Prologue Magazine Features National Archives Building Renovation
Press Release · Friday, June 15, 2001
The National Archives and Records Administration throws the spotlight on its own future and past in the Summer issue of Prologue magazine, the agency's quarterly magazine.
The issue outlines plans for the redesigned Rotunda of the National Archives Building in Washington, where the nation's founding documents are displayed, and recounts the events leading up to the opening of the first Presidential library 60 years ago and the close involvement of Franklin D. Roosevelt with it.
A special article, called "Creating the National Archives Experience," details the plans for a renovated and redesigned Rotunda. The Rotunda will close after July 4, 2001, for renovations and will reopen in 2003. The Charters of Freedom-the Declaration of Independence, the Constitution, and the Bill of Rights-will be taken off display, undergo conservation treatment, and placed in new, modern encasements in preparation for the Rotunda's reopening. Also, the Rotunda and surrounding areas will be redesigned to enhance the educational experience for visitors.
In the article, Marvin Pinkert, director of museum programs for the Archives, describes the multimedia approach that will be taken to tell the story of the United States through its documents and records: "NARA plans to create a world-class destination for visitors interested in American history and government. We will accomplish this by complementing documents with media presentations and transforming two-dimensional pages into compelling multisensory experiences."
"Roosevelt and His Library" recounts how closely President Roosevelt was involved in planning his library, to which he had hoped to retire in 1941-before he decided to run for an unprecedented third term.
"FDR took a tremendous interest in every detail of the planning for his new library. . . . Insistent that ample space be made available not only for the papers but for the vast collection of naval art, ship models, and gifts that he had accumulated, FDR ordered surveys of his holdings," according to the article, written by Cynthia Koch, library director, and Lynn Bassanese, its director of public programs. "FDR had already determined the external appearance of the building, and he took an active role in planning the interior as well-the stack space, exhibit rooms, the research room, and his own study." The library opened July 1, 1941.
For more than 30 years, Prologue has shared with readers the rich resources and programs of the National Archives, its regional archives, and the Presidential libraries. From the First Continental Congress to the conflict in Vietnam, Prologue tells the story behind the story, revealing many intriguing and little-known details from our nation's past. In every issue, there are thought-provoking and entertaining articles-based on research in the National Archives' magnificent holdings-written by noted historians, archivists, and experts recognized in their fields. The Washington Post said, "Prologue . . . can be regarded quite literally as an invitation for further study. It is also consistently absorbing reading."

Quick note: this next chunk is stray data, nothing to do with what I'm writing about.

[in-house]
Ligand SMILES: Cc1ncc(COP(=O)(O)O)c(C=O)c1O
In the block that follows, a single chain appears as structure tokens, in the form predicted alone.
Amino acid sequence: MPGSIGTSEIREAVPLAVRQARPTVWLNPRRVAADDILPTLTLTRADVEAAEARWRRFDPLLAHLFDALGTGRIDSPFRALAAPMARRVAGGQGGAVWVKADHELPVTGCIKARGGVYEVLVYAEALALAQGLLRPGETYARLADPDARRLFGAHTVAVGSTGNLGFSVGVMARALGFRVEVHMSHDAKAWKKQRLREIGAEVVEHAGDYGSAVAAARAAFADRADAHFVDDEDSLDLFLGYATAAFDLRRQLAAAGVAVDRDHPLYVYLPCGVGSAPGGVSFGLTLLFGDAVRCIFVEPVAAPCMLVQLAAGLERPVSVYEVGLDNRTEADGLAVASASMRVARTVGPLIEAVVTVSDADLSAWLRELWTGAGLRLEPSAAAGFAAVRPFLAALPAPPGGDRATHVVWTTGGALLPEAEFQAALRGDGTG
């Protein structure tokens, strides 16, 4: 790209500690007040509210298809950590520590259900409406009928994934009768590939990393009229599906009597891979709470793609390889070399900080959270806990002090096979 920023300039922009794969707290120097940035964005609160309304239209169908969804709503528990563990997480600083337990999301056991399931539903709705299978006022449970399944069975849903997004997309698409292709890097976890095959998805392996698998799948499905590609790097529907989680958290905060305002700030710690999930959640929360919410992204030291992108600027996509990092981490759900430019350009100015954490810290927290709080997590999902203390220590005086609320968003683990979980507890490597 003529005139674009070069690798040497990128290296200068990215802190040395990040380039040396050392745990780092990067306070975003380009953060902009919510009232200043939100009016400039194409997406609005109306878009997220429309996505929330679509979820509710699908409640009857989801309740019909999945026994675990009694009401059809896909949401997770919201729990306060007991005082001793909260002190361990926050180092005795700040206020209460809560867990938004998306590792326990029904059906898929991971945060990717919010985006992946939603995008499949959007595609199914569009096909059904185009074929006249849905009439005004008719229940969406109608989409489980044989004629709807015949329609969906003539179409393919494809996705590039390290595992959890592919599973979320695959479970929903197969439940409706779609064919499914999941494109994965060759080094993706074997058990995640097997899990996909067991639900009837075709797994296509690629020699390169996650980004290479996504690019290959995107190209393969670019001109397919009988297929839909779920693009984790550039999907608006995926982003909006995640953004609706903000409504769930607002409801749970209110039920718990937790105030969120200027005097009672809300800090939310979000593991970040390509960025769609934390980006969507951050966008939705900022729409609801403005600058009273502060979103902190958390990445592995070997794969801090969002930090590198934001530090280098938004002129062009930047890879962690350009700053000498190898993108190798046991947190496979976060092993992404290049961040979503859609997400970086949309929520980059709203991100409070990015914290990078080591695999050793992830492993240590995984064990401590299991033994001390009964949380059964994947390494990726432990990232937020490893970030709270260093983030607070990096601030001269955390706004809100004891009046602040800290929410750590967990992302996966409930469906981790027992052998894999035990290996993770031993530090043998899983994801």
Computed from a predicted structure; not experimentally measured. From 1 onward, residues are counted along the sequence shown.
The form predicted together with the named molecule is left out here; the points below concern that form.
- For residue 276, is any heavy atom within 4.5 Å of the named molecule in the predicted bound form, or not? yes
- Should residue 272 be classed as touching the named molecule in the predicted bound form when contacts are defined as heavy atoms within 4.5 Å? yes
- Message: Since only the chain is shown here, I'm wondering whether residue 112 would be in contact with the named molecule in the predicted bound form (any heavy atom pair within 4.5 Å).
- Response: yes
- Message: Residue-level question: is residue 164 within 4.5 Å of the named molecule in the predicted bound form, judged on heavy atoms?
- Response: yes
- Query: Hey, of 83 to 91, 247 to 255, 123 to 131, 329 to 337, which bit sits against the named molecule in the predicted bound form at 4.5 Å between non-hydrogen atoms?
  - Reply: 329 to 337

The Summer Prologue has several other articles of interest:
The article "Two Japans: Japanese Expressions of Sympathy and Regret in the Wake of the Panay Incident," Trevor K. Plante, an archivist with the Old Military and Civil Records unit of the Archives, recalls the great outpouring of sympathy from the Japanese public in late 1937, four years before Pearl Harbor, after Japanese forces sunk a U.S. Navy gunboat that was patrolling in the Yangtze River. At the time, Japanese forces had launched their invasion of China. After the Panay was attacked, there was an outpouring of sympathy from Japanese citizens and schoolchildren-in sharp contrast to the Japanese government's reluctant admission of guilt.
"The Voyage of the 'Coolie' Ship Kate Hooper" tells of a journey in 1857-58 of a ship that brought Chinese workers to Cuba. On this particular journey, recounted by Robert J. Plowman, the Kate Hooper would see the death of its captain and some of its crew, several mutinies by the 652 Chinese laborers (coolies) on board, and much of the crew in a Havana jail at the end of the journey. Plowman is assistant regional administrator with the agency's Mid-Atlantic Region in Philadelphia.
In "The Search for the Site of the Sand Creek Massacre," Christine Whiteacre, a historian with the National Park Service, tells of the years-long search for the site in Colorado where in 1864 about 700 cavalry soldiers attacked a Cheyenne and Arapaho village, killing at least 150, mostly women, children, and elderly. The site is to become a National Historic Site.
In Genealogy Notes, Mark C. Mollan, an archives technician with Old Military and Civil Records, tells of the not-always-distinguished history of the first 55 years of the Army Medal of Honor, when many were awarded and there were few standards for making the awards. In 1918, Congress established the Medal of Honor as it is known today, with strict guidelines for awards.
You can view selected past articles from Prologue at its web site at www.archives.gov/publications/prologue/.
This page was last reviewed on February 21, 2019.
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